UT Dallas Affiliated Faculty: Leonidas Bleris, Sheena D'Arcy, Stephen D. Levene, Jonathan E. Ploski, Lucien (Tres) Thompson

Degree Objectives

All students seeking the Master of Science degree in Molecular and Cell Biology must satisfactorily complete a total of at least 36 graduate semester credit hours, which must include the following core courses:

Core Courses

BIOL 5410 Biochemistry

BIOL 5420 Molecular Biology

BIOL 5460 Quantitative Biology

BIOL 5440 Cell Biology

MS students intending to submit a thesis must, in addition to the core courses specified above, satisfactorily complete a further 20 semester credit hours of Biology courses which includes BIOL 6193 Colloquium in Molecular and Cell Biology, BIOL 8V01 Research in Molecular and Cell Biology, BIOL 6V98 Thesis, and a minimum of 6 semester credit hours of general electives for which a letter grade is assigned. The remainder of the semester credit hours usually reflects experimental research but may also be based on literature research as determined by mutual agreement of the student and Supervising Committee. For MS (thesis) students, the maximum number of Pass/Fail credits allowed within the 36 semester credit hour minimum is 13 semester credit hours.

MS (non-thesis) students must, in addition to the core courses specified, satisfactorily complete a minimum of four general elective courses in Biology (for which a letter grade is assigned) for a minimum of 9 semester credit hours, up to 11 semester credit hours of special electives, and/or, with approval of the graduate advisor, other graduate courses. For non-thesis MS students, the maximum number of Pass/Fail credits allowed within the 36 semester credit hour minimum is 11 semester credit hours.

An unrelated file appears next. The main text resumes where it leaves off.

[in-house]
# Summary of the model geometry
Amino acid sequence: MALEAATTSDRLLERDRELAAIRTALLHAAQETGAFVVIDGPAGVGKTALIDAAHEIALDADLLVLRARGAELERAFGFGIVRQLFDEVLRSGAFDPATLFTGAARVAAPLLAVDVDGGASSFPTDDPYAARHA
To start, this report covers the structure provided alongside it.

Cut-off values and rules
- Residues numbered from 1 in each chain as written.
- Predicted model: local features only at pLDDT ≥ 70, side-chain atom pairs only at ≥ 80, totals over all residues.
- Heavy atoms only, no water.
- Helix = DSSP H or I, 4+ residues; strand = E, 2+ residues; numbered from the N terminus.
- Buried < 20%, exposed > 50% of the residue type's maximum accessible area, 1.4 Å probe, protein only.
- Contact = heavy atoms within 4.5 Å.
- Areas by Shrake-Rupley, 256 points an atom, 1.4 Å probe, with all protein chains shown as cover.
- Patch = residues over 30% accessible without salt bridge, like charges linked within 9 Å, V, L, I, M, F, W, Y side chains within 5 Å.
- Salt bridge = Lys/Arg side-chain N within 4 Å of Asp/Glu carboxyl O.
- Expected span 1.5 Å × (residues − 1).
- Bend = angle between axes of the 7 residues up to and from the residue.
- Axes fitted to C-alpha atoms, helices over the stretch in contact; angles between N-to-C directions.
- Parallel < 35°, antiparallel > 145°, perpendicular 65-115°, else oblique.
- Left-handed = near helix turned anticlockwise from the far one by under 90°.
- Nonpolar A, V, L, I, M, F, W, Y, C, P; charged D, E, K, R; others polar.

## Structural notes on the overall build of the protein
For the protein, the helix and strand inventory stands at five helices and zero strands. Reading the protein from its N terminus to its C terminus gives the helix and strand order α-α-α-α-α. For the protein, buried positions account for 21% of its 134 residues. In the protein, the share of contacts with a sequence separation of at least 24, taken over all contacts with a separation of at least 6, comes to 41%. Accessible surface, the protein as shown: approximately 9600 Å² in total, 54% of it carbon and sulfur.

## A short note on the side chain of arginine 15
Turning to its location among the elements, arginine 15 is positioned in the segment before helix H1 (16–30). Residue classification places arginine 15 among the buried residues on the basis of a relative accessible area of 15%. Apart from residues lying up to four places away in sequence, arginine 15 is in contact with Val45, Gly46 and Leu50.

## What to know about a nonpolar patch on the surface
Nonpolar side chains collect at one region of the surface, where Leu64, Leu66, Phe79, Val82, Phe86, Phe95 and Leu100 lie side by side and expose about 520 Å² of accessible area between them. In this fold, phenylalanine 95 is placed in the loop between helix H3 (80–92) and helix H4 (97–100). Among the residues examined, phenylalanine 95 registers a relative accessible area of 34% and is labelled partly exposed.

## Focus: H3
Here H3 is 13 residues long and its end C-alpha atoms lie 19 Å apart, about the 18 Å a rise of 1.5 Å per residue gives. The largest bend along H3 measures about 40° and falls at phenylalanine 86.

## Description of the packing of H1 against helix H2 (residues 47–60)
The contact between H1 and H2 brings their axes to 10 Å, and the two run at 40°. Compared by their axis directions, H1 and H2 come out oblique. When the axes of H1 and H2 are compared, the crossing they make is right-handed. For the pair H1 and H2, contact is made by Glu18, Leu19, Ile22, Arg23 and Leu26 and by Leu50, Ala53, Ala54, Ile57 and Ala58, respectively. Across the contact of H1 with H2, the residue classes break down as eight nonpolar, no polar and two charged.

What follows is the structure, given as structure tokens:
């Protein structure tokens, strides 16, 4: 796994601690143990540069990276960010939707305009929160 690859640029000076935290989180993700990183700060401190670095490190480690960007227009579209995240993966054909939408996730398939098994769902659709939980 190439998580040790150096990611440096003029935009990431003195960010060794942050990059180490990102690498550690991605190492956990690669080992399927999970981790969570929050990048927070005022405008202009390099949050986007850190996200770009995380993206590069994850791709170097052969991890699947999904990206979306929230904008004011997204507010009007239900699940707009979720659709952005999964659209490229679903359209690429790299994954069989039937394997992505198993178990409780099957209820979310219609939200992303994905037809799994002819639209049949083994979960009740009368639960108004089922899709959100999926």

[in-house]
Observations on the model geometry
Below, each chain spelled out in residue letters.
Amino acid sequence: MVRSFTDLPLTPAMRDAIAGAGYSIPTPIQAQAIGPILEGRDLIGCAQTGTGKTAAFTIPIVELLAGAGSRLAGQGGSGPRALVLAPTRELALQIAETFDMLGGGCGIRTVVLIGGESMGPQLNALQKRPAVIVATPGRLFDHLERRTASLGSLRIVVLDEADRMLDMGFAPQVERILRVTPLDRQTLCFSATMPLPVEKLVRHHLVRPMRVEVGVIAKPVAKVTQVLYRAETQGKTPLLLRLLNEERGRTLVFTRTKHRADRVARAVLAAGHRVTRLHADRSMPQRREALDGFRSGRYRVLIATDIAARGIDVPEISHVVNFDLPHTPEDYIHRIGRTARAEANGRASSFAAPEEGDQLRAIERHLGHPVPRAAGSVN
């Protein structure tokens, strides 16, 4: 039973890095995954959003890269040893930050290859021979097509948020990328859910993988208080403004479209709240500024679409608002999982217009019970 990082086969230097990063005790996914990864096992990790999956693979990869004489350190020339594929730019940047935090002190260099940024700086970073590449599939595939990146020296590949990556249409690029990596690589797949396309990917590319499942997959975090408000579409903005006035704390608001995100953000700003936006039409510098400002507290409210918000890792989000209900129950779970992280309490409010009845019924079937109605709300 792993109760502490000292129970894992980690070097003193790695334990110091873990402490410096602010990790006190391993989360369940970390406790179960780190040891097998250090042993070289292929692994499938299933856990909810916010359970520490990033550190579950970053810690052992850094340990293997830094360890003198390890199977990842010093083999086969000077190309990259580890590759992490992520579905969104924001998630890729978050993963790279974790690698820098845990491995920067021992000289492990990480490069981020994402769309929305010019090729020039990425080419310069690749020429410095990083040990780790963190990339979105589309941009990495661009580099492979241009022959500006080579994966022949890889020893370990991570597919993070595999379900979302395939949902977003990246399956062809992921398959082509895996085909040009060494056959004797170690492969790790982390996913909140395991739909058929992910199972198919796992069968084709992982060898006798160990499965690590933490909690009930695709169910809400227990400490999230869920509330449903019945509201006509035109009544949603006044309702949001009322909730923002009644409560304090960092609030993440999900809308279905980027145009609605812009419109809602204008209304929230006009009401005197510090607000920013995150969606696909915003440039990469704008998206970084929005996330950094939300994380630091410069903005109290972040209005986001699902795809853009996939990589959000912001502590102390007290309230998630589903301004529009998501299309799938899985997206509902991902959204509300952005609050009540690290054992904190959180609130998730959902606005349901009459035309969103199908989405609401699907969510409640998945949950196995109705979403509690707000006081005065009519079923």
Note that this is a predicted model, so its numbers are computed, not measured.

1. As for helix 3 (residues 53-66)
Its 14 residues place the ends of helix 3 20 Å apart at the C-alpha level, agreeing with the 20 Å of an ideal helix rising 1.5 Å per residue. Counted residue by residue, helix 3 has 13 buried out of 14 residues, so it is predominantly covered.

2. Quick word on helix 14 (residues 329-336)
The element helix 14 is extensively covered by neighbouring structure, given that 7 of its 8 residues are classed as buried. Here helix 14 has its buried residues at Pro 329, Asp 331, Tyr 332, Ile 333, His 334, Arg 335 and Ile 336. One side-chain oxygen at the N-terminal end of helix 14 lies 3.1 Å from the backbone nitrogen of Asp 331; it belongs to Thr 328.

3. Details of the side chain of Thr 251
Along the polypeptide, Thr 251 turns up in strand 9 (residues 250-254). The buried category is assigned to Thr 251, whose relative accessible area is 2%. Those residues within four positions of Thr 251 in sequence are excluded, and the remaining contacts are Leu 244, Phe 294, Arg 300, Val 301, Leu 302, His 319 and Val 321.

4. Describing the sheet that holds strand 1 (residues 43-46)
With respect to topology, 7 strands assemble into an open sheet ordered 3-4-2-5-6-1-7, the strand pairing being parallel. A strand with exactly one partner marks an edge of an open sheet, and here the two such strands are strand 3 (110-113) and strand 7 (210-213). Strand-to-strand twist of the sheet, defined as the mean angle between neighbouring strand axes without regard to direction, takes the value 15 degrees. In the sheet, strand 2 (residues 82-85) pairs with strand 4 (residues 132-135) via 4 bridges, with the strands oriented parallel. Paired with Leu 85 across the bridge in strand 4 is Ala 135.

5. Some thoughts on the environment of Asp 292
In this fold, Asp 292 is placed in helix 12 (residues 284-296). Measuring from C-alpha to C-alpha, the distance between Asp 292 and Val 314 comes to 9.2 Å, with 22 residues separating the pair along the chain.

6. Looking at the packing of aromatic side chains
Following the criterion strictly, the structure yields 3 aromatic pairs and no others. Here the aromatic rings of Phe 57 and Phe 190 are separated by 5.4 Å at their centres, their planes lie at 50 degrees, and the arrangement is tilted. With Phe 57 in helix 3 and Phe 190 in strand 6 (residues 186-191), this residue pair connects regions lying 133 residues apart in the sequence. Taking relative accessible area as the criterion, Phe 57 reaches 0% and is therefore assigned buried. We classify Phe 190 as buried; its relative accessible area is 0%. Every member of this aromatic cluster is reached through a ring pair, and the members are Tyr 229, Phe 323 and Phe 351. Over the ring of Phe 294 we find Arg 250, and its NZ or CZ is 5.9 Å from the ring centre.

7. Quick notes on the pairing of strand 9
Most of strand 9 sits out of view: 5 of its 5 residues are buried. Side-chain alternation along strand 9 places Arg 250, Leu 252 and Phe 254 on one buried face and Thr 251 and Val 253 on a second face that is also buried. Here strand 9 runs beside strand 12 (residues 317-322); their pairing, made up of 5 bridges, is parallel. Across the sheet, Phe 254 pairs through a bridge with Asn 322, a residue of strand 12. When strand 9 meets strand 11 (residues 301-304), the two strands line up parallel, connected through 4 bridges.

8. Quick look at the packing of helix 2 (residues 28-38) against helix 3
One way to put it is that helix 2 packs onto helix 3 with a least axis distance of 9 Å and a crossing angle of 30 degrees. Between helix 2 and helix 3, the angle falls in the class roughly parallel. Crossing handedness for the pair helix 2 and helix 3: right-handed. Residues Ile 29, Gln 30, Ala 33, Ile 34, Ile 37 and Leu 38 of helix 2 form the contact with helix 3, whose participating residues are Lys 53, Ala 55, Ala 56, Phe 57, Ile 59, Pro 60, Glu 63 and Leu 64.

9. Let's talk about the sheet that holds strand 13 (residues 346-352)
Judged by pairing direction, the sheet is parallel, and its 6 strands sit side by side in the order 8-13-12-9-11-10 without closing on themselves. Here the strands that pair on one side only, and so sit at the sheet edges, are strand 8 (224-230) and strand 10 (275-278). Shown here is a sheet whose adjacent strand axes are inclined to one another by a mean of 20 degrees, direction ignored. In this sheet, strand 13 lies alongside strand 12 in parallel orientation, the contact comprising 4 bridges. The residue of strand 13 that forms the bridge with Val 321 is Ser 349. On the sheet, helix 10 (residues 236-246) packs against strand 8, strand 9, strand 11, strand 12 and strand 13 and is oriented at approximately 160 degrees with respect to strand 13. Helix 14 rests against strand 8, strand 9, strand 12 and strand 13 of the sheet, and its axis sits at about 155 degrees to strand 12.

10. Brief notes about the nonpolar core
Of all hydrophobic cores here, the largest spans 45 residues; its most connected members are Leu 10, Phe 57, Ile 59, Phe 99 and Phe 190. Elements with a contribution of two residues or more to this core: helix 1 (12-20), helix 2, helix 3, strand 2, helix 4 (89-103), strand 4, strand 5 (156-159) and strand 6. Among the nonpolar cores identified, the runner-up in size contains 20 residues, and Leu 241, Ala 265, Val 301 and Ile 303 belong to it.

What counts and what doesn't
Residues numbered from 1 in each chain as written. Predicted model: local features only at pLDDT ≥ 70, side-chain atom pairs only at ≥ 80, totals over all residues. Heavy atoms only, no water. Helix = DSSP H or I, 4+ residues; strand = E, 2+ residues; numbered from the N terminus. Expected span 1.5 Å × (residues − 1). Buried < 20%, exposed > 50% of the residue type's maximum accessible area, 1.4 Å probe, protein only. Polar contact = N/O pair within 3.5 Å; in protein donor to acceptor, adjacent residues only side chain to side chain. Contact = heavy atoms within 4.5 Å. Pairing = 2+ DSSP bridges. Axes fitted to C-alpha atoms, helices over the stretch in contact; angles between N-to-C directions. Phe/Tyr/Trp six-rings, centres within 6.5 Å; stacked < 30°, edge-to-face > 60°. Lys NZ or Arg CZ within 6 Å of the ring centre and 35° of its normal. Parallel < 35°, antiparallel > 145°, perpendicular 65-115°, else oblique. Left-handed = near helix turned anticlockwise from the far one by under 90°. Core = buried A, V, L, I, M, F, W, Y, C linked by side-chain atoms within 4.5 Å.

Master of Science in Bioinformatics and Computational Biology

36 semester credit hours minimum

Mathematics Faculty

Professors: Larry P. Ammann, Zalman I. Balanov, Vladimir Dragovic, Sam Efromovich, Yulia Gel, M. Ali Hooshyar, Wieslaw Krawcewicz, Susan E. Minkoff, L. Felipe Pereira, Dmitry Rachinskiy, Viswanath Ramakrishna, Robert Serfling, Janos Turi, John Zweck

Professors Emeritus: Patrick Odell, John W. Van Ness

Clinical Professors: Natalia Humphreys, Wenyi (Roy) Lu

Associate Professors: Swati Biswas, Yan Cao, Min Chen, Pankaj K. Choudhary, Mieczyslaw K. Dabkowski

Assistant Professors: Mohammad Akbar, Maxim Arnold, Bhargab Chattopadhyay, Qingwen Hu, Frank Konietschke, Yifei Lou, Oleg Makarenkov, Tomoki Oshawa, Qiongxia (Joanne) Song, Anh Tran

Senior Lecturers: Mohammad Ahsan, Kelly Aman, Malgorzata Dabkowska, Rabin Dahal, Anatoly Eydelzon, Manjula Foley, Bentley T. Garrett, Farid Khafizov, Yuly Koshevnik, David L. Lewis, Changsong Li, Brady McCary, Derege Mussa, My Linh Nguyen, Jigarkumar Patel, Paul Stanford, Julie Sutton, Tristan Whalen

UT Dallas Affiliated Faculty: Hervé Abdi, Titu Andreescu, Alain Bensoussan, Stefano Leonardi, John J. Wiorkowski, Zhenyu Xuan, Hyuntae Yoo, Michael Qiwei Zhang

Adjunct Faculty from the Research for Mathematics of the Mexican Council and Technology: Jose Gomez-Larranaga, Adolfo (Sanchez) Valenzuela

Mathematics Faculty With Research Interests in Bioinformatics and Computational Biology: Swati Biswas, Yan Cao, and Min Chen

Biology Faculty

Professors: Lee A. Bulla, Rockford K. Draper, Juan E. González, Lawrence J. Reitzer, Stephen Spiro, Li Zhang, Michael Qiwei Zhang

Professors Emeritus: Hans Bremer, Donald M. Gray

Clinical Professor: David Murchison

Associate Professors: Gail A. M. Breen, John G. Burr, Jeff L. DeJong, Ernest M. Hannig, Tae Hoon Kim, Dennis L. Miller

Assistant Professors: Zachary Campbell, Nikki Delk, Heng Du, Jung-whan (Jay) Kim, Faruck Morcos , Kelli Palmer, Duane D. Winkler, Zhenyu Xuan, Hyuntae Yoo

Research Assistant Professors: Monique Duncan, Lan Guo, Li Liu

Senior Lecturers: Irina Borovkov, Mehmet Candas, Brenna Hill, Wen-Ju Lin, Robert C. Marsh, Jing Pan, Elizabeth Pickett, Ruben D. Ramirez, Scott A. Rippel, Ilya Sapozhnikov, Uma Srikanth, Michelle Wilson, Wen-Ho Yu

UT Dallas Affiliated Faculty: Leonidas Bleris, Sheena D'Arcy, Stephen D. Levene, Jonathan E. Ploski, Lucien (Tres) Thompson

Biological Sciences Faculty With Research Interests in Bioinformatics and Computational Biology: Faruck Morcos, Zhenyu Xuan, Hyuntae Yoo, and Michael Q. Zhang

Program Objective